A significant number of young and working Australians are unable to access mainstream finance according to a new report issued today by NAB.
The annual Measuring Financial Exclusion in Australia report, commissioned by NAB and conducted by the Centre for Social Impact, found that more than three million adult Australians don’t have access to a moderate amount of credit, a basic transaction account or don’t have general insurance.
... Good Shepherd Microfinance CEO, Adam Mooney said that there is a strong economic case for greater investment in microfinance in Australia. While existing programs assist the most vulnerable to move towards financial stability and resilience, investment and innovation is required to reach more people.
Full report: Measuring Financial Exclusion in Australia 2014
NAB & Centre for Social Impact
There may be a large untapped market for financial inclusion initiatives aimed at people in employment. There may also be a need to design and provide appropriate mainstream financial services and products for this group.
Older Australians pile on housing debt: at what risk?
Adele Horin, Coming of Age
Increasing numbers of Australians are hitting retirement with hefty mortgages. Instead of running down debt as they get older, they’ve added to it, using their house as collateral. Such is the case with an old acquaintance of mine I’ll call Susan who lives in a charming cottage in inner city Adelaide. Single, 60 and in poor health, she’s now facing a restructure at work that may leave her jobless. “I wish I’d paid the house off when I had the money,” she told me. “Now I’m terrified of losing it.”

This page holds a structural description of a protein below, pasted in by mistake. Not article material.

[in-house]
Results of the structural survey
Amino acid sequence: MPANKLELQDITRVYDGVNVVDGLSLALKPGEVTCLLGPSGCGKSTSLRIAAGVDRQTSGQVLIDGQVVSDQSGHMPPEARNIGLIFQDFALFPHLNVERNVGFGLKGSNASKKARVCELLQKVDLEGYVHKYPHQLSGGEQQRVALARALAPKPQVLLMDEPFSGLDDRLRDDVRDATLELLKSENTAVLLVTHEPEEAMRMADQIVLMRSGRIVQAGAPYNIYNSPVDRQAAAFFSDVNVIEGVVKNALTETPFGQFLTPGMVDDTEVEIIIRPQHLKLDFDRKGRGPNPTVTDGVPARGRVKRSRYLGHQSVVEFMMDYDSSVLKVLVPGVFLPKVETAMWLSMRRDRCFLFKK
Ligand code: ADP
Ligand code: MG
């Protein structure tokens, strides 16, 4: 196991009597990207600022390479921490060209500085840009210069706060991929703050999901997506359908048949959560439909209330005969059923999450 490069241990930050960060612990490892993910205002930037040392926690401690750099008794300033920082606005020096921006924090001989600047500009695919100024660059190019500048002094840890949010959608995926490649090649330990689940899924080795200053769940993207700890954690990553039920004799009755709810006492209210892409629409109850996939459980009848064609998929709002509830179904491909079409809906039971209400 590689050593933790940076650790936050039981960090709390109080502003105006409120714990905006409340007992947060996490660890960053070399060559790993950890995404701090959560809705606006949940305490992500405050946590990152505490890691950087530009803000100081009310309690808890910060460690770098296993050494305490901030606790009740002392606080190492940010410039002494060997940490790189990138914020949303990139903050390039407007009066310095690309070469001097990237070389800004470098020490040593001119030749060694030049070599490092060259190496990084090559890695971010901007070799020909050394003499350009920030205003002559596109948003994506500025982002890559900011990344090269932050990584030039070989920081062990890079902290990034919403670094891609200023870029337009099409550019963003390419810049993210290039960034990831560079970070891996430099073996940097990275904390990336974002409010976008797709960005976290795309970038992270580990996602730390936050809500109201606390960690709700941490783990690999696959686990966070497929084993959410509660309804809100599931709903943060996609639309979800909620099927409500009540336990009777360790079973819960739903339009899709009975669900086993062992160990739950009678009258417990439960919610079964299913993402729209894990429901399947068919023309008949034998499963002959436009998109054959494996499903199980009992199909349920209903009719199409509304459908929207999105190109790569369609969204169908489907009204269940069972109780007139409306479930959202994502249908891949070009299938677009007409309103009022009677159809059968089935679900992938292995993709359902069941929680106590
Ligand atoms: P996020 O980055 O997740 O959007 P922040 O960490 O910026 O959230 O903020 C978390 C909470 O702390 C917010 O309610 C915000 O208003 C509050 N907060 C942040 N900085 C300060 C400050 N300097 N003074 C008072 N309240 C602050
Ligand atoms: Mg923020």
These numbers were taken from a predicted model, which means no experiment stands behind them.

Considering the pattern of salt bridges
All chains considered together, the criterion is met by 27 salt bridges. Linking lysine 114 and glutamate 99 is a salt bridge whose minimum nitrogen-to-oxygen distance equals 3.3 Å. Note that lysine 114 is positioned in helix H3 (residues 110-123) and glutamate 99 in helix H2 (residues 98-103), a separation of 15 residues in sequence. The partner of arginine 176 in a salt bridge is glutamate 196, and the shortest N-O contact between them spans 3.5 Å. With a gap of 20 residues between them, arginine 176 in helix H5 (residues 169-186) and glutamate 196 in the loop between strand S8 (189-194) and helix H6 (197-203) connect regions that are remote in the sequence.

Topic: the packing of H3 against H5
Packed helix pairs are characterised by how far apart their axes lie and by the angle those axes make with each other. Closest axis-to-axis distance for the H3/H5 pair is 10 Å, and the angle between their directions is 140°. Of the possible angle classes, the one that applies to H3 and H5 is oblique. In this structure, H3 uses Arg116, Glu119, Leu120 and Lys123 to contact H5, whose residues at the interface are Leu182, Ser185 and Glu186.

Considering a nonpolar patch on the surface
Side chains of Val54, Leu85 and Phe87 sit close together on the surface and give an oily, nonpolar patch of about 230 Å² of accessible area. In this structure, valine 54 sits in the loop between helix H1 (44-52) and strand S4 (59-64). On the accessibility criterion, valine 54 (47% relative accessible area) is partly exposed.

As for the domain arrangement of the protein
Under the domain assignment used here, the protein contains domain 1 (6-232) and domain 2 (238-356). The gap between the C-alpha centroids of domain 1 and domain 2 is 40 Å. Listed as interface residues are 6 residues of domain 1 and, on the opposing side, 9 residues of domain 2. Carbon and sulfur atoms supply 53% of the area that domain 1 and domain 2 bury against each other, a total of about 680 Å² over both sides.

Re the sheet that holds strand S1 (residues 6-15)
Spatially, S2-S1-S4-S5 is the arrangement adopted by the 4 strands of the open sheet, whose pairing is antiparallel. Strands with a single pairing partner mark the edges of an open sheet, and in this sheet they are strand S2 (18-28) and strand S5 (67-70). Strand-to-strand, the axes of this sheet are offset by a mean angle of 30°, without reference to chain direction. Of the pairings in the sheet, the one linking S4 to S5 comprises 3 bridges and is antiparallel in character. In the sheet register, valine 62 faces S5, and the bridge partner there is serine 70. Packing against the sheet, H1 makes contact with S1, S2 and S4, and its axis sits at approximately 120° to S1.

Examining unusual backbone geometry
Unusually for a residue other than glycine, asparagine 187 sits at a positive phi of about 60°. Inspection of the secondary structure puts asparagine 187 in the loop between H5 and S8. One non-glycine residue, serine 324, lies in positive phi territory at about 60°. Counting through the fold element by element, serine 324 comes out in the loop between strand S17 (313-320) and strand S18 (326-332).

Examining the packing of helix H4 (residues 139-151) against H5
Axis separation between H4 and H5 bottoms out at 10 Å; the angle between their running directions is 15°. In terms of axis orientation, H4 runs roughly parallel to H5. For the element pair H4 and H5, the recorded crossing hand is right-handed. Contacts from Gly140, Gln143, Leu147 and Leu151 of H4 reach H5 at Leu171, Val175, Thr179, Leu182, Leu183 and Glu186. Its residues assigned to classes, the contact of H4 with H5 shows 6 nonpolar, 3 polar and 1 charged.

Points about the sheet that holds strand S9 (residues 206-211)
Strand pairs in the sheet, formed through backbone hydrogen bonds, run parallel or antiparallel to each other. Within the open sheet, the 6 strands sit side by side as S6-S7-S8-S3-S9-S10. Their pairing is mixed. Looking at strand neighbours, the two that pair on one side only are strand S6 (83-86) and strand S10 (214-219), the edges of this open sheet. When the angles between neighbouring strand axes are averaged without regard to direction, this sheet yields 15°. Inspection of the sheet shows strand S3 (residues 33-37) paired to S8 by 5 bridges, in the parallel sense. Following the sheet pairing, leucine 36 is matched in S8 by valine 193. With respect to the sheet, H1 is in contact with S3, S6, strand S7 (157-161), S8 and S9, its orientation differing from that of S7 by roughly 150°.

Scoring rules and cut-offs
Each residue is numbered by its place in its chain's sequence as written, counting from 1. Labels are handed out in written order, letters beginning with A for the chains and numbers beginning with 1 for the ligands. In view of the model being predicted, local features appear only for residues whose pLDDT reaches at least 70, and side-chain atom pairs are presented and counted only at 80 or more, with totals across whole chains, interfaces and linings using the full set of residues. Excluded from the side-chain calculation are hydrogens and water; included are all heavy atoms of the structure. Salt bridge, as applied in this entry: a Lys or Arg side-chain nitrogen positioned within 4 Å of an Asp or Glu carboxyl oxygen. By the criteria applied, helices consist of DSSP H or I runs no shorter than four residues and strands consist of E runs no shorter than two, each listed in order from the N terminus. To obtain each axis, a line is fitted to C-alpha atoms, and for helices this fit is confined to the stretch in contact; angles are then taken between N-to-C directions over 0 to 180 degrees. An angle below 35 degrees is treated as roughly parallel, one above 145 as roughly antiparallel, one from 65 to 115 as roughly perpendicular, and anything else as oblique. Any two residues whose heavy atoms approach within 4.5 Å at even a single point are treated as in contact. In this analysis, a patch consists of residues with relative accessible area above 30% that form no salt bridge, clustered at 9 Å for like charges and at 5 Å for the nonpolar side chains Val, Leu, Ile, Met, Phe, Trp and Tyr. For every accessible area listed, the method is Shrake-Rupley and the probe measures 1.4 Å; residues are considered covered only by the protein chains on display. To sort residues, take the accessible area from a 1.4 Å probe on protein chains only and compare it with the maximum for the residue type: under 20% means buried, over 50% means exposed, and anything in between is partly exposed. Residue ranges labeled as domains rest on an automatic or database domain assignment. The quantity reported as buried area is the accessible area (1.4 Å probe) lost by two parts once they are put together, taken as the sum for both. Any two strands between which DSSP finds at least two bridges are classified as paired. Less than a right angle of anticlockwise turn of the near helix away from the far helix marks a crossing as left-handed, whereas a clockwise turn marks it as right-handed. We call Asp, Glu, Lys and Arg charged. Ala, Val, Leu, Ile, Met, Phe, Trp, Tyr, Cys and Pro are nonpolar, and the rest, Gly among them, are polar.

Building funds cut even as older women swell ranks of homeless
Eileen Webb, The Conversation
Social services minister Kevin Andrews recently announced an extension of funding for the National Partnership Agreement on Homelessness (NPAH) until June 30, 2015. This agreement funds 180 homelessness services around Australia. The government will provide A$115 million – $44 million less than its predecessor – to extend the Commonwealth-state arrangement.
The government says it is not cutting funding to frontline services, only capital works. It is unfortunate that capital works are to be curbed at a time when more facilities are required to accommodate growing numbers of homeless. They include many people we do not automatically think of as being “at risk”. One such group is older women.
Aged in her late 50s, Margaret found herself homeless and sleeping rough on the streets of Brisbane.